Diwali dilemma

NEW DELHI, INDIA NOVEMBER 10: Sarojini Nagar market packed with shoppers ahead of Diwali festival, on November 10, 2020 in New Delhi, India. (Photo by Sanjeev Verma/Hindustan Times via Getty Images)

Shoppers this festive season have to face the double whammy of the increasing Covid-19 cases and the toxic air, yet they throng to the markets

Entering South Delhi’s Munirka market, one can see colourful stalls and shops selling flowers, lights, earthen lamps, stickers, and clothes. Despite the pandemic, shoppers can be seen flocking to the markets in prominent areas of Delhi — whether it is Sarojni Nagar, Nehru Place or Kamla Market, albeit a little less than is usually the case.

Markets across the Capital witness an increase in customer footfall around this time of the year. This surge in the number of shoppers is seen due to the festive season and the onset of winters. To mark the festive season and facilitate the shoppers, localities in Delhi organise annual flea markets like the winter market in Sant Nirankari Colony of North Delhi, where small vendors from different states set up stalls of woollen clothes, utensils and other household ware.

However, this year because of the pandemic, hardly any yearly markets have been organised, resulting in immense losses for the vendors who set up their stalls here. Shopkeepers from Jama Masjid and Sadar Bazar, who stockpile firecrackers are now facing even bigger losses after a complete ban on firecrackers was announced by the Delhi government and National Green Tribunal.

Though people are flocking to markets, the splendour of Diwali which is their highlight is missing. Apart from the pandemic, the increasing toxicity of Delhi’s air is also to blame for the dilemma being faced by shoppers. Who have to face the double whammy of increasing Covid-19 cases and the toxic air.

Ayush, who came to Nehru Place to get his laptop repaired thinks that markets are functioning as usual in Delhi. He said he was faced with a barrage of incessant touts trying to convince him to visit

particular stores, which made him nostalgic about pre-Covid days. “I am going to my hometown for Diwali. So, I thought I’d visit Nehru Place, but here, I did not get the feeling that the pandemic is still ongoing. It is the same old Nehru Place,” he said.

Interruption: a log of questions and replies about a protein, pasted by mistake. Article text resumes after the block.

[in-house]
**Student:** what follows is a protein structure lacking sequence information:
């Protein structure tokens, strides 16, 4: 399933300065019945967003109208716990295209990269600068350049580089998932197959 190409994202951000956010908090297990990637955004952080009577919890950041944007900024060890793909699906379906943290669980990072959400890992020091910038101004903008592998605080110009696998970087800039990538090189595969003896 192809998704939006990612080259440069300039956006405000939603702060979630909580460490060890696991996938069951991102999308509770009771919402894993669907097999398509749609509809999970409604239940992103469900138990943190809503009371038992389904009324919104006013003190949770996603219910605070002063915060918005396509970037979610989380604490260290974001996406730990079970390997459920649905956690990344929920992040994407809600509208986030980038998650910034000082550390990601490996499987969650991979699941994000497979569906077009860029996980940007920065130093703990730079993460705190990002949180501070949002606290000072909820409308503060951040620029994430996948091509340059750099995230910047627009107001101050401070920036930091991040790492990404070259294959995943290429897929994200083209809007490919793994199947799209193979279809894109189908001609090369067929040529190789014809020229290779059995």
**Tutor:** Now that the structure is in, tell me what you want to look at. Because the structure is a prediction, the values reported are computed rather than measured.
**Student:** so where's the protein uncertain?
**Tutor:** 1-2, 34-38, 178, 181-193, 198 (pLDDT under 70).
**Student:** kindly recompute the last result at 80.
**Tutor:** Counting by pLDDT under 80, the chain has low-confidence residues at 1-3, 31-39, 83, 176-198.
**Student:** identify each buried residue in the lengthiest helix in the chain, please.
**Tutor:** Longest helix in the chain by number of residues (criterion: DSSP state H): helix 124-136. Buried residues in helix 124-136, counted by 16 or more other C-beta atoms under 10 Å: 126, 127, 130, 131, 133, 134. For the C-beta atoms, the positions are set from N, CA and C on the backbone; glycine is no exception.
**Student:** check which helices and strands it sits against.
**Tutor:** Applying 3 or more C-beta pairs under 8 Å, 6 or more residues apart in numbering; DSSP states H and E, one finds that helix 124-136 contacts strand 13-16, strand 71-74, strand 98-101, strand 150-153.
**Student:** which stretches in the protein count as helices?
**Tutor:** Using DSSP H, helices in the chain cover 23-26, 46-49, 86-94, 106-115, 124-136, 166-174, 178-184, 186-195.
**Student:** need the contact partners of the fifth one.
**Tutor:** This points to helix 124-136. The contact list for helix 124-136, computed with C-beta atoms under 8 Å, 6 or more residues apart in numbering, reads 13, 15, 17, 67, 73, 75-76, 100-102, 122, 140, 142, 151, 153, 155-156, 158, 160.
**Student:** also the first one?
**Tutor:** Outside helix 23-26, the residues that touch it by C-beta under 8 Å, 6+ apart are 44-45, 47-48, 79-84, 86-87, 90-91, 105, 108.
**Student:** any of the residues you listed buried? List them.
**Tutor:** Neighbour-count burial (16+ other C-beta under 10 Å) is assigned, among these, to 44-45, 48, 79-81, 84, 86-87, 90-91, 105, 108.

IN ACTION: A scene of the market in Nehru Place PHOTO: Mayank Jain

However, shopkeepers in Nehru Place contrary to Ayush’s opinion say that during the festive season, especially Diwali, there is a sharp increase in sales, but this time around it has halved. Pradeep, who works at a laptop repairing shop said, “People are coming to get their laptops repaired because they are working from home. So that business is stabilising, but shops selling electronic items are hit badly. We also put a stall for Chinese lights but couldn’t this year due to this pandemic.”

It’s surprising that even with air quality ¹deteriorating day by day and increasing Covid cases, people are still coming to markets. 30-year-old Madhu, a housewife visiting Munirka market, says, “Diwali comes once in a year, for that we must buy at least basic things like diyas. How long can we stay in our home?”

Social distancing is being practised in metro cities, the same cannot be said for small towns, where guidelines are often flouted. But in the festive time shoppers in Delhi too seem to care little for the social distancing norms. Even though masks are ubiquitous, social distancing and proper sanitisation is largely missing.

COVID EFFECT: In Nehru Place shopkeepers report low turnout of customers for electronic goods PHOTO: Mayank Jain

Recently, a report drafted by the National Centre for Disease Control warned that Delhi, taking the winter season-related respiratory problems in account needs to be prepared for 15,000 fresh cases every day.

Since the last few years, Delhi residents have had to make the difficult decision of whether to go or not to go out during the winter season. So far it was just pollution that they had to face, now with Covid the dilemma has become even more complicated.

This is affecting why and how people are coming out and gathering. We spoke with a number of people in the markets who had almost no fear of catching the disease but are fearful of rules and punishment. There were also people who came out due to compulsion, some of them were shopkeepers themselves — these people have avoided confronting the dilemma so far and when presented with the question, they say “We have no choice.”

It was however expected that with the coming of the festive season, markets will start functioning and shoppers will throng to them. Humans, being social animals, wouldn’t be able to stay alone at home for long and have reasons to give for it. But the question is, how we are accepting this new normal of Covid life? And what is the best choice in such a trying time?

Like Shakespeare’s Hamlet, people are facing complicated dilemmas where choices are few and cost of each choice is huge, so they feel trapped. People weigh their decision of going out or staying at home, as per their conscience. Which is very much visible in the Diwali Markets.

(Cover: OUT AND ABOUT: With Diwali, right around the corner people are thronging to markets for their share of festive shopping PHOTO: Getty Images)


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